Thirdly, which courts are expected to be asked to handle this matter? I take it that it will not be dealt with by either magistrates or juries and that the decisions will be taken by judges. Subsequently, where will appeal lie? Will it lie to the mental health tribunals, as it does under part of the present legislation, or direct to the courts? Sometimes the vital questions may be essentially medical ones. Is the patient treatable or not? If they are treatable obviously they will fall under the existing legislation. That is essentially a medical rather than a judicial judgment; but at other times obviously points of law will arise. Where the matters are for judges to decide is it anticipated that medically qualified people will assist them in assessing the cases before them?

Fourthly, who is it proposed will run the new system of detention? Will it be run by the Prison Service, who look after some people at the moment, or National Health Service hospitals; or will new institutions be created for the purpose in either the public or private sector? Lastly, it would be helpful to know when the Minister considers that spring will arrive because that is when the consultation paper is due to be published. Can the noble Lord give any further idea about when any legislation is likely to find a slot in the legislative programme?

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4.47 p.m.

Lord Dholakia: My Lords, I wholly endorse the sentiments expressed by the noble Lord, Lord Cope. We are grateful that the Government have now made this Statement. We welcome the fact that the Government seek arrangements for better diagnosis and an improved system to deal with people suffering from personality disorders. We all agree that at present people are inadequately and inappropriately dealt with by both the penal system and the health system. We therefore welcome the proposed consultation. We also welcome the emphasis in the Statement on the fact that most people with personality disorders do not pose a serious risk to the public. The majority of them are not ex-murderers in waiting. Will the Minister affirm that properly funded community care arrangements, as opposed to the inadequately financed system of community care which has operated for too long, provide the best way to deal with the majority of people who suffer from mental disturbance?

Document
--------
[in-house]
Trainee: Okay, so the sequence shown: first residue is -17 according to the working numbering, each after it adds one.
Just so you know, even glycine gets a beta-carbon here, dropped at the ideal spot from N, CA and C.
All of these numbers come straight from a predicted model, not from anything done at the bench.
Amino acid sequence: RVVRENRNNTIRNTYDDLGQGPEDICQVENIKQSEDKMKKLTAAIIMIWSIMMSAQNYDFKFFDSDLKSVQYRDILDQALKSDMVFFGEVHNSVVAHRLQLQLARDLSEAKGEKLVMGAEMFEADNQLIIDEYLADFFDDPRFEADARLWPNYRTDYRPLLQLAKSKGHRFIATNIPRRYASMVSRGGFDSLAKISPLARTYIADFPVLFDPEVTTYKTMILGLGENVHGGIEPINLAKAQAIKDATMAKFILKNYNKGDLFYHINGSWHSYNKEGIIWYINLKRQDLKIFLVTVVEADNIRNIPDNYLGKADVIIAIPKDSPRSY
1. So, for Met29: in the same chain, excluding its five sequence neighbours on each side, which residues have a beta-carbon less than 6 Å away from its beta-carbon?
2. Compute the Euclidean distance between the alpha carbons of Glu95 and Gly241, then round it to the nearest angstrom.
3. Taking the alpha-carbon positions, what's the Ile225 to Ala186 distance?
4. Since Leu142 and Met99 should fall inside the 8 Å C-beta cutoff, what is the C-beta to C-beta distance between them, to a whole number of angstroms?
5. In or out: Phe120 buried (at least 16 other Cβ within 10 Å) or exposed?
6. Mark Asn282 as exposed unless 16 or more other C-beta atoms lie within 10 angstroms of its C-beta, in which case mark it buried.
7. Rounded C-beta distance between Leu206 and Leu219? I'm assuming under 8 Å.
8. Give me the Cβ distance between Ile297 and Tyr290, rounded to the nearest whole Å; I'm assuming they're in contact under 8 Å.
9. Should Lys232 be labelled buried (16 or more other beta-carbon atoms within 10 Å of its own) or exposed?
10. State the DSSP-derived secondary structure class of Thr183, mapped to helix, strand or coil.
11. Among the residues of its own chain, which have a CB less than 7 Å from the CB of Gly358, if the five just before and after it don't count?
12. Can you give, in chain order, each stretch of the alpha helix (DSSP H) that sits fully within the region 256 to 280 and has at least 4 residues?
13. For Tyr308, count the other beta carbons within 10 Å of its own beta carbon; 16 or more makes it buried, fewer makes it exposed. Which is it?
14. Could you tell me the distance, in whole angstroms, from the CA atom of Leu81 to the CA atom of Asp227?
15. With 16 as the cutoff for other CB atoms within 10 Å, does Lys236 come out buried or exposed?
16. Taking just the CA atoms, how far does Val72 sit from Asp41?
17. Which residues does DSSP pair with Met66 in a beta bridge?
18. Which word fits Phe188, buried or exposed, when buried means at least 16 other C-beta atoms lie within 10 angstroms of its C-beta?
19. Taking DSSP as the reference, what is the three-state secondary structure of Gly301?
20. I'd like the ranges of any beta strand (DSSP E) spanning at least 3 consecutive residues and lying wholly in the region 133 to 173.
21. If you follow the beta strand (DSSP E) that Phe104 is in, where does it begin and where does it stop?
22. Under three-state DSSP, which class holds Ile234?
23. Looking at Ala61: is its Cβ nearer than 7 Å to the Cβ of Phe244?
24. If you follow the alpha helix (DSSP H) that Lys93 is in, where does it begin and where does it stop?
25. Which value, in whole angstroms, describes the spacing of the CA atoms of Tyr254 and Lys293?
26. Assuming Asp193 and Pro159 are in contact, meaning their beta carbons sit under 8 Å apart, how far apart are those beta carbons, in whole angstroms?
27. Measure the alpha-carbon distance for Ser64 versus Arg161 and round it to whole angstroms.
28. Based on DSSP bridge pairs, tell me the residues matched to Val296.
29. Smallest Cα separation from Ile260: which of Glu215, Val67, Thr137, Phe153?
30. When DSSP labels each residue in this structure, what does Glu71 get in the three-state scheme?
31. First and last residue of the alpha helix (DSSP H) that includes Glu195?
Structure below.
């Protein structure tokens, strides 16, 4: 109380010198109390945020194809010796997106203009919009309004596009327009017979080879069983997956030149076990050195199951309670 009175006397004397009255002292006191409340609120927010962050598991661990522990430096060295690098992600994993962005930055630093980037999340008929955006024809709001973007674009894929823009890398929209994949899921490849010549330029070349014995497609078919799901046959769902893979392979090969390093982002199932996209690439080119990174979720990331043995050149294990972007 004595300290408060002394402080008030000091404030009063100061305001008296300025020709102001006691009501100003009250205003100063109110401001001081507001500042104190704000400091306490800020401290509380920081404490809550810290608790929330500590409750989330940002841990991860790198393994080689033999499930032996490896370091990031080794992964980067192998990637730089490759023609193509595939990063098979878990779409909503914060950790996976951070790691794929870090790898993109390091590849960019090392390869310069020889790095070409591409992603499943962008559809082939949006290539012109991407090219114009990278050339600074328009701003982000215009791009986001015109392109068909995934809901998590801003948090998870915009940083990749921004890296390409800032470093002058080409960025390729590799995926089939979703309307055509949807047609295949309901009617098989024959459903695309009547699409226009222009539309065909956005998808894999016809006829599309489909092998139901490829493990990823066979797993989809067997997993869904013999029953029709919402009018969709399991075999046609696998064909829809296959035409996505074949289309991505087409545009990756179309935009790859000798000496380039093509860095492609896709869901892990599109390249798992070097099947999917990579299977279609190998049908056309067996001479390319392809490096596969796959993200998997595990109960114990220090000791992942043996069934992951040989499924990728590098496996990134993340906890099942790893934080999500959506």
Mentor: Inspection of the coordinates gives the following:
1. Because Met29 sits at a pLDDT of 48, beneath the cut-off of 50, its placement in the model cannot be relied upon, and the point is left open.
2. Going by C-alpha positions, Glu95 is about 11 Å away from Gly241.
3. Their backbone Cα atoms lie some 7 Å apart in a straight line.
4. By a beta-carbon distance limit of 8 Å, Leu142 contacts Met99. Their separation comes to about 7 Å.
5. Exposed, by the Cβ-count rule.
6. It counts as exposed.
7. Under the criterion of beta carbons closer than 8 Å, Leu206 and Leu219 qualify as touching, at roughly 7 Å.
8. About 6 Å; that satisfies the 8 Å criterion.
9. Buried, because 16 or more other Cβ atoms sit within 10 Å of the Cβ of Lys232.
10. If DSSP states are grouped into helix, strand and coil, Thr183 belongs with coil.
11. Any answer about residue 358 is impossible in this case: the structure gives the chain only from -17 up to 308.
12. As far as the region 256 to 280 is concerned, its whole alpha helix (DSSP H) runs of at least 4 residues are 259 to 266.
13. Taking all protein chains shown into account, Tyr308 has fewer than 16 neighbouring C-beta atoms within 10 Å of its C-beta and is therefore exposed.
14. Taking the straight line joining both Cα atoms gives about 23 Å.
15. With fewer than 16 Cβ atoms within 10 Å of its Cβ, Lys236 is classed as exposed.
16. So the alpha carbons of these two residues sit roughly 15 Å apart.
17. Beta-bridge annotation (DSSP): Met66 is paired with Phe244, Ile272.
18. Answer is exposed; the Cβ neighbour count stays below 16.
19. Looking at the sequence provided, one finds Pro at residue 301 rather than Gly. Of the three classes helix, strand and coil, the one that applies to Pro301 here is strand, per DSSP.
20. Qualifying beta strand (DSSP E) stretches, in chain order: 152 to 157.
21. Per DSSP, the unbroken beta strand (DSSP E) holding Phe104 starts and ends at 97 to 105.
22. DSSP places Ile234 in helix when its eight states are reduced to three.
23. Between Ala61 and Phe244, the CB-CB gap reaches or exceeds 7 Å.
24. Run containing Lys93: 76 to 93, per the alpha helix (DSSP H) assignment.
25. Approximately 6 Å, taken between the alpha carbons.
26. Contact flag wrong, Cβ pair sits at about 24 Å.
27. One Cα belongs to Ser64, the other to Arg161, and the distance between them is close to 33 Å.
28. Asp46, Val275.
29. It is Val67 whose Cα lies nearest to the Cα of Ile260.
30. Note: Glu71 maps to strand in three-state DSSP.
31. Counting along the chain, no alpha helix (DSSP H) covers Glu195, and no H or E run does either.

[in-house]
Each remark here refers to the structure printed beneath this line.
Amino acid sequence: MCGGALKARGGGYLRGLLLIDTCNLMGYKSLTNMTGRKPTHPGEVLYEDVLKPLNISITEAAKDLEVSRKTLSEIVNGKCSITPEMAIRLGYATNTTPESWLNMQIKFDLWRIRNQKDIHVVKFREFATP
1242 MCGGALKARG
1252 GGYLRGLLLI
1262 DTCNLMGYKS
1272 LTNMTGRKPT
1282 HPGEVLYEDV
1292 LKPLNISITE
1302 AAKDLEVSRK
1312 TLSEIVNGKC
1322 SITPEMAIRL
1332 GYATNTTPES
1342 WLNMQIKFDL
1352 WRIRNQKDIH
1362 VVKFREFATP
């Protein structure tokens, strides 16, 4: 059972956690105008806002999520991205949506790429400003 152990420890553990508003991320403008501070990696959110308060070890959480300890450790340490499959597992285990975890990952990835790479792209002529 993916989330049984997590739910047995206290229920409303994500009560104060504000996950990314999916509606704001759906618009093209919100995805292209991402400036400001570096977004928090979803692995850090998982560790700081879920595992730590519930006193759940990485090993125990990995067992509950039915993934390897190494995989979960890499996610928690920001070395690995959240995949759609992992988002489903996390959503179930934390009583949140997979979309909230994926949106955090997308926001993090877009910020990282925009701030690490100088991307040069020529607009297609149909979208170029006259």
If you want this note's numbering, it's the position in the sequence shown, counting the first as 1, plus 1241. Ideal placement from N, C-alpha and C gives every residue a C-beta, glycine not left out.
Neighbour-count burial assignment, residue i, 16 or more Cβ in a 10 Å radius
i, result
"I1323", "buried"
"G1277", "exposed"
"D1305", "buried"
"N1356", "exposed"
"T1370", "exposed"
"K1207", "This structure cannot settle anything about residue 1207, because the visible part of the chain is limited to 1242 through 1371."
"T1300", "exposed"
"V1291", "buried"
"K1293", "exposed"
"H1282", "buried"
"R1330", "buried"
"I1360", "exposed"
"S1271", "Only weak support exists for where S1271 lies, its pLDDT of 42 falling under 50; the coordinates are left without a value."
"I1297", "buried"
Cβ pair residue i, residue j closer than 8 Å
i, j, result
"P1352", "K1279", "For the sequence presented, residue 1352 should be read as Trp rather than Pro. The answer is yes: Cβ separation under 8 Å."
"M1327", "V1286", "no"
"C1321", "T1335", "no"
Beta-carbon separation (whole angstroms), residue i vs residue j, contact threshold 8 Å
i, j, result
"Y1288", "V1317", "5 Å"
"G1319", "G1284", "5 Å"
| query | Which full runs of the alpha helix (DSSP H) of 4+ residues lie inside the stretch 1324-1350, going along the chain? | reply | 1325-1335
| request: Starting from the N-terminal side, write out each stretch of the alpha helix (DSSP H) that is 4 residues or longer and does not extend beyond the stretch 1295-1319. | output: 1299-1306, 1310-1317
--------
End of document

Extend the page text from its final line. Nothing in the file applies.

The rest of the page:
We also welcome the emphasis on early intervention and prevention. If we can give a high priority to improving the diagnosis of young people with personality problems and provide them with the help that they need this will prevent the problem from developing with far worse disorders at a later stage. We also welcome the short-term proposal for better arrangements to identify dangerous offenders in the prison system before release and to provide well planned and co-ordinated release arrangements for them. Can the Minister provide further details of the agencies or departments from which staff will be seconded to the Home Office Probation Unit to form the new support group that will oversee these arrangements?

Many of the current problems arise from the fact that psychiatrists are split over the treatment of people with personality disorders. One psychiatrist will regard an individual as untreatable while another will be prepared to accept the same person for treatment. It is therefore often a matter of chance whether someone ends up in hospital or in the prison system. If a person goes to prison, often he leaves at the end of his sentence just as dangerous as when he went in.

We agree that there is a strong case for a new, indefinite reviewable order for dangerous people with personality disorders. In relation to mentally disordered offenders, a recent report by NACRO, which I chair, entitled Risks and Rights, drew attention to the gap in current powers which the proposal would fill. However, there are two important provisions. First, use of the new power must be based on strong and tested evidence of dangerousness and subject to rigorous judicial procedures to ensure that people are not detained unnecessarily or in an arbitrary manner. Secondly, alongside an emphasis on protecting the public, there must be an equally strong emphasis on rehabilitation and providing those mentally disordered people with the care they need for their mental condition.

We believe that the best way to achieve that would be to set up a new and separate system of units, distinct from the prisons and special hospital systems. The current system has failed people with personality

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disorders as well as failing the public and we need a clean break from it. The new units should provide a positive regime based on education, psychological input and rehabilitation. This would be the best way to protect the public while ensuring that those mentally disturbed people are not written off or dumped in institutions without hope. We shall, of course, scrutinise the legislation with the utmost care. The Government would receive co-operation from this side of the House on condition that every effort is made to ensure that there is no miscarriage of justice in the implementation of those measures. We should like to know what safeguards and help are available to courts in such matters.

We know the inadequacy of special hospitals. We know that the review of the Mental Health Act is now taking place. It is also appropriate to ensure that medium and long term strategies are part of the Mental Health Act review.

4.51 p.m.

Lord Williams of Mostyn: My Lords, I am truly grateful for the generous bipartisan spirit in which the noble Lords, Lord Cope and Lord Dholakia, approached the matter. I do not think that we can begin to hope for a successful outcome unless we regard the issue essentially as a deeply worrying social problem which has nothing to do with party political advantage or posturing. I am most grateful that none has been illustrated.